Connectivity between human rights and SDGS
Ambassador Muhammad Zamir writes for DOT :
After the success of the Millennium Development Goals process, Heads of State and Government of the member countries of the United Nations were persuaded to adopt in September 2015 the 2030 Agenda for Sustainable Development (SDG). The creation of this path to promote sustainable development was undertaken through the setting up of 17 Sustainable Development Goals (SDGs) which, according to sociologists and economists, would not only help to promote equality and economic development but would also facilitate protection of human rights. The goals form a cohesive and integrated package of global aspirations and provide a framework for shared action for people’s prosperity that can be earned through collaborative partnership.
These 17 goals have also determined 169 targets that are globally acceptable on the basis of differing national realities, capacities and levels of development and respect for national policies and priorities. The SDGs are consequently not only participatory in nature but also people-centric, integrated and more complex than the MDGs. The most important connotation of the SDG parameter is highlighted through its axiom- “Leaving no one behind”.
Strategic analysts generally agree that the 2030 Agenda related to the achievement of SDGs recognizes human rights as a foundation and considers the Universal Declaration of Human Rights (UDHR) as the platform. In this regard, international human rights treaties that emphasize on state responsibilities to respect and promote human rights and fundamental freedoms for all is given priority.
Out of 17 goals within the SDG structure, 9 goals- 1, 3,4,5,6,8,10, 16 and 17- and their relevant targets correspond to essential dimensions of human rights commitments pertaining to States as outlined in different international legal Agreements- the International Covenant on Civil and Political Rights (ICCPR), the International Covenant on Economic, Social and Cultural Rights (ICESCR), the Convention on the Elimination of All Forms of Discrimination against Women (CEDAW) and the Convention on the Rights of the Child (CRC).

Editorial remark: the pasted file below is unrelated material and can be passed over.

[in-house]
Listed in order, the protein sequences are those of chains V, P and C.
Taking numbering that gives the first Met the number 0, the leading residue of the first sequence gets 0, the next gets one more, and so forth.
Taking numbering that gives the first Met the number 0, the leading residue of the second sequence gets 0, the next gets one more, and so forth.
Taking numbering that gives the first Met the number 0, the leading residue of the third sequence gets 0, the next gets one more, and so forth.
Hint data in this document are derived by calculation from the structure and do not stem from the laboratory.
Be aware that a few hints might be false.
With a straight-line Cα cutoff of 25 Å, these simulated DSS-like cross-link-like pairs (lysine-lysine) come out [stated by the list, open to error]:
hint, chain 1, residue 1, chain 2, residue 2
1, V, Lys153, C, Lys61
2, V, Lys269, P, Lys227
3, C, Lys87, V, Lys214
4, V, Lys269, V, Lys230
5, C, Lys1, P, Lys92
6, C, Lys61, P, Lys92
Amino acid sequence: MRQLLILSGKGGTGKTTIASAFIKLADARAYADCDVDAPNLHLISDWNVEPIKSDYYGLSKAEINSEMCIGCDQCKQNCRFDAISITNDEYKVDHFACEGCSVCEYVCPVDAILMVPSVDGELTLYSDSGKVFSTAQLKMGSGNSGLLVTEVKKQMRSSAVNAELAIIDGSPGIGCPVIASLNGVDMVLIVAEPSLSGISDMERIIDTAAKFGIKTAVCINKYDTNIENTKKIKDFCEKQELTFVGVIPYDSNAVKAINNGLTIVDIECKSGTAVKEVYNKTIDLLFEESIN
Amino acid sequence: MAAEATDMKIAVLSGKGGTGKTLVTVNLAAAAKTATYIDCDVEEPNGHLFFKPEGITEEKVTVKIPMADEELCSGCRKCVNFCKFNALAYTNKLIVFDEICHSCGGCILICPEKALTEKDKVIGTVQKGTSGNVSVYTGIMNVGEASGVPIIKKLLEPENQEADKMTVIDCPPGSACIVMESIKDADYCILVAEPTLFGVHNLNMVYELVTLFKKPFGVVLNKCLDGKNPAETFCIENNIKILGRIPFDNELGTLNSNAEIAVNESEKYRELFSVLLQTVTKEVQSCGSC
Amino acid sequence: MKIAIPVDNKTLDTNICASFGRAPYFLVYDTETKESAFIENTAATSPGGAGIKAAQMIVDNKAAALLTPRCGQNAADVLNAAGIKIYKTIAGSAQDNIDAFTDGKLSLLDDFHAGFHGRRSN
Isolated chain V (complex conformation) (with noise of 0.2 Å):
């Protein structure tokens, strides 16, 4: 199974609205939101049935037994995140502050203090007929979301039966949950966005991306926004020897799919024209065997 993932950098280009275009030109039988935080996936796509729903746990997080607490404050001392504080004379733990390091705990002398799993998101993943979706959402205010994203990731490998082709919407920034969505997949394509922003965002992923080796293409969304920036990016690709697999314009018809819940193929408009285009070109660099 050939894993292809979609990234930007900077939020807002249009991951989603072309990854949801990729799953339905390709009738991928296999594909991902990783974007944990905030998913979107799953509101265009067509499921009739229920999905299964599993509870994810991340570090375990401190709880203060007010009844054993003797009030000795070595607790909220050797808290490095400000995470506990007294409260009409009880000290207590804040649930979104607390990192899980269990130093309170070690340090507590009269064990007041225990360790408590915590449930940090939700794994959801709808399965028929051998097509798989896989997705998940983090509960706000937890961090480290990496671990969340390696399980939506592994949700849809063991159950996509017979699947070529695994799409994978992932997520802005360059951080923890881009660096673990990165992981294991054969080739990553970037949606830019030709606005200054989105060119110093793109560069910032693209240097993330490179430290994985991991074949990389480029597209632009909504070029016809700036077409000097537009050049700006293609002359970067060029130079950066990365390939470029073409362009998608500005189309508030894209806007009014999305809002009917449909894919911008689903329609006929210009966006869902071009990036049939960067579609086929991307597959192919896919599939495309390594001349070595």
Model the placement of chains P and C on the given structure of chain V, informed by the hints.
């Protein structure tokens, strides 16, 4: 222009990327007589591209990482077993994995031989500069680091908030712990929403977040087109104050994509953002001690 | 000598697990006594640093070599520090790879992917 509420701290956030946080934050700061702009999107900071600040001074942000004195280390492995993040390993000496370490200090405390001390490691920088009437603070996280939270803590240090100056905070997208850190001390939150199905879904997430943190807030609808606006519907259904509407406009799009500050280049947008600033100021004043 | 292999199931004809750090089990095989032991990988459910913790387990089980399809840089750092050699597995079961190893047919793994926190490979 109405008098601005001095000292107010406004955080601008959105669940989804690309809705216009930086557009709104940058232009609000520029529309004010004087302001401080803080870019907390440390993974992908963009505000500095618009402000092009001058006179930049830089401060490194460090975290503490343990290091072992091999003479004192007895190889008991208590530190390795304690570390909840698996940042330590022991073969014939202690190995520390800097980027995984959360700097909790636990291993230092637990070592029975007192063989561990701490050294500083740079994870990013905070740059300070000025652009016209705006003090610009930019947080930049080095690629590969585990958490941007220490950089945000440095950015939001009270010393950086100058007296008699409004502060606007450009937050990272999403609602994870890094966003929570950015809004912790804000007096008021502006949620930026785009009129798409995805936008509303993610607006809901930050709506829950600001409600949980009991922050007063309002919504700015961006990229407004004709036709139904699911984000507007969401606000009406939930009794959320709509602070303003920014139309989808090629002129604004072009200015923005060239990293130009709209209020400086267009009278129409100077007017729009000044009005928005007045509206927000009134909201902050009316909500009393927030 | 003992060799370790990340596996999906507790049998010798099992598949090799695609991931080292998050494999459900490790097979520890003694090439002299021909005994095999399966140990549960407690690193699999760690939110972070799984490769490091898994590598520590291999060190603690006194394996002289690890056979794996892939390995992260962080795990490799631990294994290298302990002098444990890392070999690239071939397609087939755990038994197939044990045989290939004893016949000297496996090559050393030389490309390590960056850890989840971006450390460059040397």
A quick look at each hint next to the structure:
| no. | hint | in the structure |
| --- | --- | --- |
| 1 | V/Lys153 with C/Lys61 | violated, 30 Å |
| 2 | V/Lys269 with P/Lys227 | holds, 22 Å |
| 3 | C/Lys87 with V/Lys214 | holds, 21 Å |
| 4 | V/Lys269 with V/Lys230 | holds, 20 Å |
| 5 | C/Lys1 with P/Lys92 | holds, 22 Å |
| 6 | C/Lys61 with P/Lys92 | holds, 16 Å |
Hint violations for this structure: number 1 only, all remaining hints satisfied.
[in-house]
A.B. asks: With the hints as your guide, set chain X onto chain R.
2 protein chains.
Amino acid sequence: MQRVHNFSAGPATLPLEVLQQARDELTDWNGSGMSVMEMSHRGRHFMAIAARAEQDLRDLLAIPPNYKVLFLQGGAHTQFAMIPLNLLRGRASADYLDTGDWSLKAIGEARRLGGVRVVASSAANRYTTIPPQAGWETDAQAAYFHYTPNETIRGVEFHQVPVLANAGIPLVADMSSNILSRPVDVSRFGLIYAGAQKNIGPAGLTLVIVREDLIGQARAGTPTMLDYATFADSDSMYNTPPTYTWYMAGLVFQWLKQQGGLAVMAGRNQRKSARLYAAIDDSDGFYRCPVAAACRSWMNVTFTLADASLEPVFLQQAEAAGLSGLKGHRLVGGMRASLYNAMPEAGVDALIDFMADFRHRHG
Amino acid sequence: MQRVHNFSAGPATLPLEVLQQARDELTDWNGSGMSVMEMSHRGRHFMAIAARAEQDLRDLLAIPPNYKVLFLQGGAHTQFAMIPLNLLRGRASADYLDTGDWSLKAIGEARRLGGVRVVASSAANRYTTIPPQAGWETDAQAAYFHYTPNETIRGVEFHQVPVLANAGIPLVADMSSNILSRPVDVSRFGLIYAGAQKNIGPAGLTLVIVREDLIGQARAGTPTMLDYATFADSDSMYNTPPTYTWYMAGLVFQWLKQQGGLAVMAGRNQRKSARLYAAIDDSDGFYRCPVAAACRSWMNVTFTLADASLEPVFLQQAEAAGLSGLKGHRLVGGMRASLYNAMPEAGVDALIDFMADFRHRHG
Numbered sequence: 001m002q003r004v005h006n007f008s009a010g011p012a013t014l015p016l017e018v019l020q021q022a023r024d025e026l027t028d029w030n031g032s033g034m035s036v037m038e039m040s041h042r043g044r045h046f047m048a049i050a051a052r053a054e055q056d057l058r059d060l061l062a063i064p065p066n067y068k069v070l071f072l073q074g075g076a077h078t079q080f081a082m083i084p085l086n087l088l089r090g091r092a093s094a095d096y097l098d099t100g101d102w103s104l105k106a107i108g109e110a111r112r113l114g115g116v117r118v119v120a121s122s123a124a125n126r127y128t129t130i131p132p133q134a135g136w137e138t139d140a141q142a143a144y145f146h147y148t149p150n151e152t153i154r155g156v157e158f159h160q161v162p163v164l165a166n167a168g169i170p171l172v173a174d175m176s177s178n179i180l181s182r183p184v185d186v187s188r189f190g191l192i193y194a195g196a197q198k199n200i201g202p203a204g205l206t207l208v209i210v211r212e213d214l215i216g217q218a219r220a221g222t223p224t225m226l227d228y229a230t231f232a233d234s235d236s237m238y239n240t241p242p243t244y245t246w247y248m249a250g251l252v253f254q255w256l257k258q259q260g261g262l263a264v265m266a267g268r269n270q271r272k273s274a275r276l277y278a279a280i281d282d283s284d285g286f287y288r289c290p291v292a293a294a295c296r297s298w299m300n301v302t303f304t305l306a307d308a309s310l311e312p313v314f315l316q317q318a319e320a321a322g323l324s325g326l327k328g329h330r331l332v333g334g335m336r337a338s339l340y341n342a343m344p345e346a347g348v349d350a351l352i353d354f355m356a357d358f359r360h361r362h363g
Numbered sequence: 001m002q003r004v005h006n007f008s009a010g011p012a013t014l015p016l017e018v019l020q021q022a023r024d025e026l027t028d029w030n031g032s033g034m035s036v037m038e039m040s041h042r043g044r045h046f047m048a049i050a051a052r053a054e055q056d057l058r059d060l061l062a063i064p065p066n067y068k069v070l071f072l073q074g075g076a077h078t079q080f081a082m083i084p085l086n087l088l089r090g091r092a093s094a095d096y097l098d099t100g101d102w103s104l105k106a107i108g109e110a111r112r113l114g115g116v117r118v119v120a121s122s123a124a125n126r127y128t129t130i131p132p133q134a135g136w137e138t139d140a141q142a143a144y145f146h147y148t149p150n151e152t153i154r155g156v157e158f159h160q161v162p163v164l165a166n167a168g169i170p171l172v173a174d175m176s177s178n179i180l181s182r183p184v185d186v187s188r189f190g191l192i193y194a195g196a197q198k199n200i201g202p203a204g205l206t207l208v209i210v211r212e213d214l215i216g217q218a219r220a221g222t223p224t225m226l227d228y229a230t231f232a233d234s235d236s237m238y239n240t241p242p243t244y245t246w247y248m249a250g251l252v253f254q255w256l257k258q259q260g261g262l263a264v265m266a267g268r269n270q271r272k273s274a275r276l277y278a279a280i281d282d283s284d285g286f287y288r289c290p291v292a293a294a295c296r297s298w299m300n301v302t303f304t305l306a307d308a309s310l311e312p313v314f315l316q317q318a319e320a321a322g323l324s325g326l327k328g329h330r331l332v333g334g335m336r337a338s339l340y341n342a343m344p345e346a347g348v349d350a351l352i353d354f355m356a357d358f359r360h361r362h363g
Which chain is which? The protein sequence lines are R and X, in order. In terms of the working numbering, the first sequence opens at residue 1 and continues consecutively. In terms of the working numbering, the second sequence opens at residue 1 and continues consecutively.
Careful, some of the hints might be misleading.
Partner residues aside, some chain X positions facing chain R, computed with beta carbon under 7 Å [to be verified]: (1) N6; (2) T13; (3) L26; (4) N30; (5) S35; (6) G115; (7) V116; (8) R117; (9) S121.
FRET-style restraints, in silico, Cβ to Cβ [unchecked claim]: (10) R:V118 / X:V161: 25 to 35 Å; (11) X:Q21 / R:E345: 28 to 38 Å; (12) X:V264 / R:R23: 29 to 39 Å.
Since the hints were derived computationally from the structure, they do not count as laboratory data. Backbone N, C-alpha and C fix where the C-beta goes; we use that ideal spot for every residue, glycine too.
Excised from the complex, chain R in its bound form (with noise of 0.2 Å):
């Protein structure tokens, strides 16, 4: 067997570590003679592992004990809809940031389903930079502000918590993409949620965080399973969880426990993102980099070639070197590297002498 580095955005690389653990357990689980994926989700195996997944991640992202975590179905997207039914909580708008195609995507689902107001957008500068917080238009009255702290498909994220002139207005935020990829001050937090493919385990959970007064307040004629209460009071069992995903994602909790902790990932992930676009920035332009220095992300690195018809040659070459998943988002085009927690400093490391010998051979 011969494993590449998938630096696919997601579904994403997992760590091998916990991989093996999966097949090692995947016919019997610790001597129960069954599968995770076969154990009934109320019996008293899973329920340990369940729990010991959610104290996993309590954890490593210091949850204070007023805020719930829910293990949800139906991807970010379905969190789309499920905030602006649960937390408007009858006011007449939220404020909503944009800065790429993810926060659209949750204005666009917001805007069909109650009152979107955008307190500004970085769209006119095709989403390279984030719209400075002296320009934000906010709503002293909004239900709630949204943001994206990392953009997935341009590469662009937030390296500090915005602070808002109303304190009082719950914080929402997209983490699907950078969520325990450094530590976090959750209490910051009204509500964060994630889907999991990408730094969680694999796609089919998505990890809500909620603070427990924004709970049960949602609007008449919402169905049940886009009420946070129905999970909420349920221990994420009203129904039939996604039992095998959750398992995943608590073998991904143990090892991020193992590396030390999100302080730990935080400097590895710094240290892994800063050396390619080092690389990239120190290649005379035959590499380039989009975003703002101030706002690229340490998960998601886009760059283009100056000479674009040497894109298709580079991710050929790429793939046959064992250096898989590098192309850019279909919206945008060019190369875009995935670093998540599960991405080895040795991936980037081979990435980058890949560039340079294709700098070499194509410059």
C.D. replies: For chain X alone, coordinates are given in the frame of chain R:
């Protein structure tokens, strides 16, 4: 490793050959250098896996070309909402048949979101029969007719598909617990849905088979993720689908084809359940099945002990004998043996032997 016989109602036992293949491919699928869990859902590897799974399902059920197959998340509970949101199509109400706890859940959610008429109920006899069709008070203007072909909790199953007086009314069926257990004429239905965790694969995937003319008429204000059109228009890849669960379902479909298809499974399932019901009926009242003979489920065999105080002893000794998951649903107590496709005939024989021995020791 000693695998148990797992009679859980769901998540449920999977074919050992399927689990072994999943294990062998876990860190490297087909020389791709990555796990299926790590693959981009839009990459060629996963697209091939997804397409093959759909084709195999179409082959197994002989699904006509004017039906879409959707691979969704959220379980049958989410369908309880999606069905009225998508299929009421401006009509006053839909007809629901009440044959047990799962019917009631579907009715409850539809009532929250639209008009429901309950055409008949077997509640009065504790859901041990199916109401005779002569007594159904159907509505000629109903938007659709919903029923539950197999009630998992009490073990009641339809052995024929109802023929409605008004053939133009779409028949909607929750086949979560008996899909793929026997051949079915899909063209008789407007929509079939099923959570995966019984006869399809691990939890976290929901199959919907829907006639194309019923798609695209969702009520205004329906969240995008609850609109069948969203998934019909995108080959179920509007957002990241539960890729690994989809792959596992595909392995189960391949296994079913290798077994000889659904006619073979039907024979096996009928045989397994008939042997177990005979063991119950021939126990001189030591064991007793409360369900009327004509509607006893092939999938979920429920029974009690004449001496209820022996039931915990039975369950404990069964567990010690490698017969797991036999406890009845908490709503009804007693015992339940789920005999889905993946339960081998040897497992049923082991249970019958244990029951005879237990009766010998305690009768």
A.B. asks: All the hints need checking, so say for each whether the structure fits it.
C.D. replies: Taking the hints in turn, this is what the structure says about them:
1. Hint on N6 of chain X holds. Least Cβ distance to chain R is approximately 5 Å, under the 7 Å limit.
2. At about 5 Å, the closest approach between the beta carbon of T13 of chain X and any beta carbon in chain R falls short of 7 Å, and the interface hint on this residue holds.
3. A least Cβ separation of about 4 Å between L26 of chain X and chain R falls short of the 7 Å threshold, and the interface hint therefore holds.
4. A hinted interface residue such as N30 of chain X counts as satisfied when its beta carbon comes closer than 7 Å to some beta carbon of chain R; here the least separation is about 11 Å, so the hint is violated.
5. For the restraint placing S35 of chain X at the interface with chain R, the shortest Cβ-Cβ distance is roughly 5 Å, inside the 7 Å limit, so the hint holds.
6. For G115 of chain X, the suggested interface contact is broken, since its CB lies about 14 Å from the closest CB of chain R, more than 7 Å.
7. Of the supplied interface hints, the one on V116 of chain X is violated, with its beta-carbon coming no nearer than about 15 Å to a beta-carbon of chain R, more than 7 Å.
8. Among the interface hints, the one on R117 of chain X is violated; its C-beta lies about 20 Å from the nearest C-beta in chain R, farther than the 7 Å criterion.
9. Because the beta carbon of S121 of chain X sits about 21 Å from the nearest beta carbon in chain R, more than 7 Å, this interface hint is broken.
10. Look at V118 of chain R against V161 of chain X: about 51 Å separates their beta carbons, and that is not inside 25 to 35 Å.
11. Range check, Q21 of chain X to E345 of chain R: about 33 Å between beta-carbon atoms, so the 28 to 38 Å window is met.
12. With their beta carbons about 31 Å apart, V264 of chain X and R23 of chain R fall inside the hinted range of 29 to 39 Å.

SDG-1 which seeks to end poverty in all its forms through implementation of social protective measures is reflected in principle through Articles 11, 13, 14, 15 and 16 of CEDAW and Articles 22 and 25 of UDHR. SDG-3 aimed at ensuring healthy lives, reproductive healthcare and access to medicines is consistent with Articles 3 and 25, 27 and 28 of UDHR and also with Article 10 of ICESCR.
SDG-4 aims at ensuring inclusive and equitable quality education, improving vocational skills, expanding education facilities and training of teachers. These are consistent with Articles 26 and 28 of UDHR, Article 10 of CEDAW and Article 6 of ICESCR.
SDG-5 is trying to achieve gender equality, elimination of discrimination and violence, ensuring access to reproductive healthcare and equal access of women to economic resources. These targets are consistent with Articles 1 to 6 and 12 of CEDAW and also with Articles 7 and 10 of ICESCR.
SDG-6 deals with ensuring availability and sustainable management of water and sanitation for all, reducing pollution, increasing water-use efficiency and promoting participatory management of water and sanitation services. The aspirations under this goal are particularly applicable for relatively poorer countries with high density of population. These targets are similar to expectations in Article 25 of UDHR, Article 11 of the ICESCR and Article 14 of CEDAW.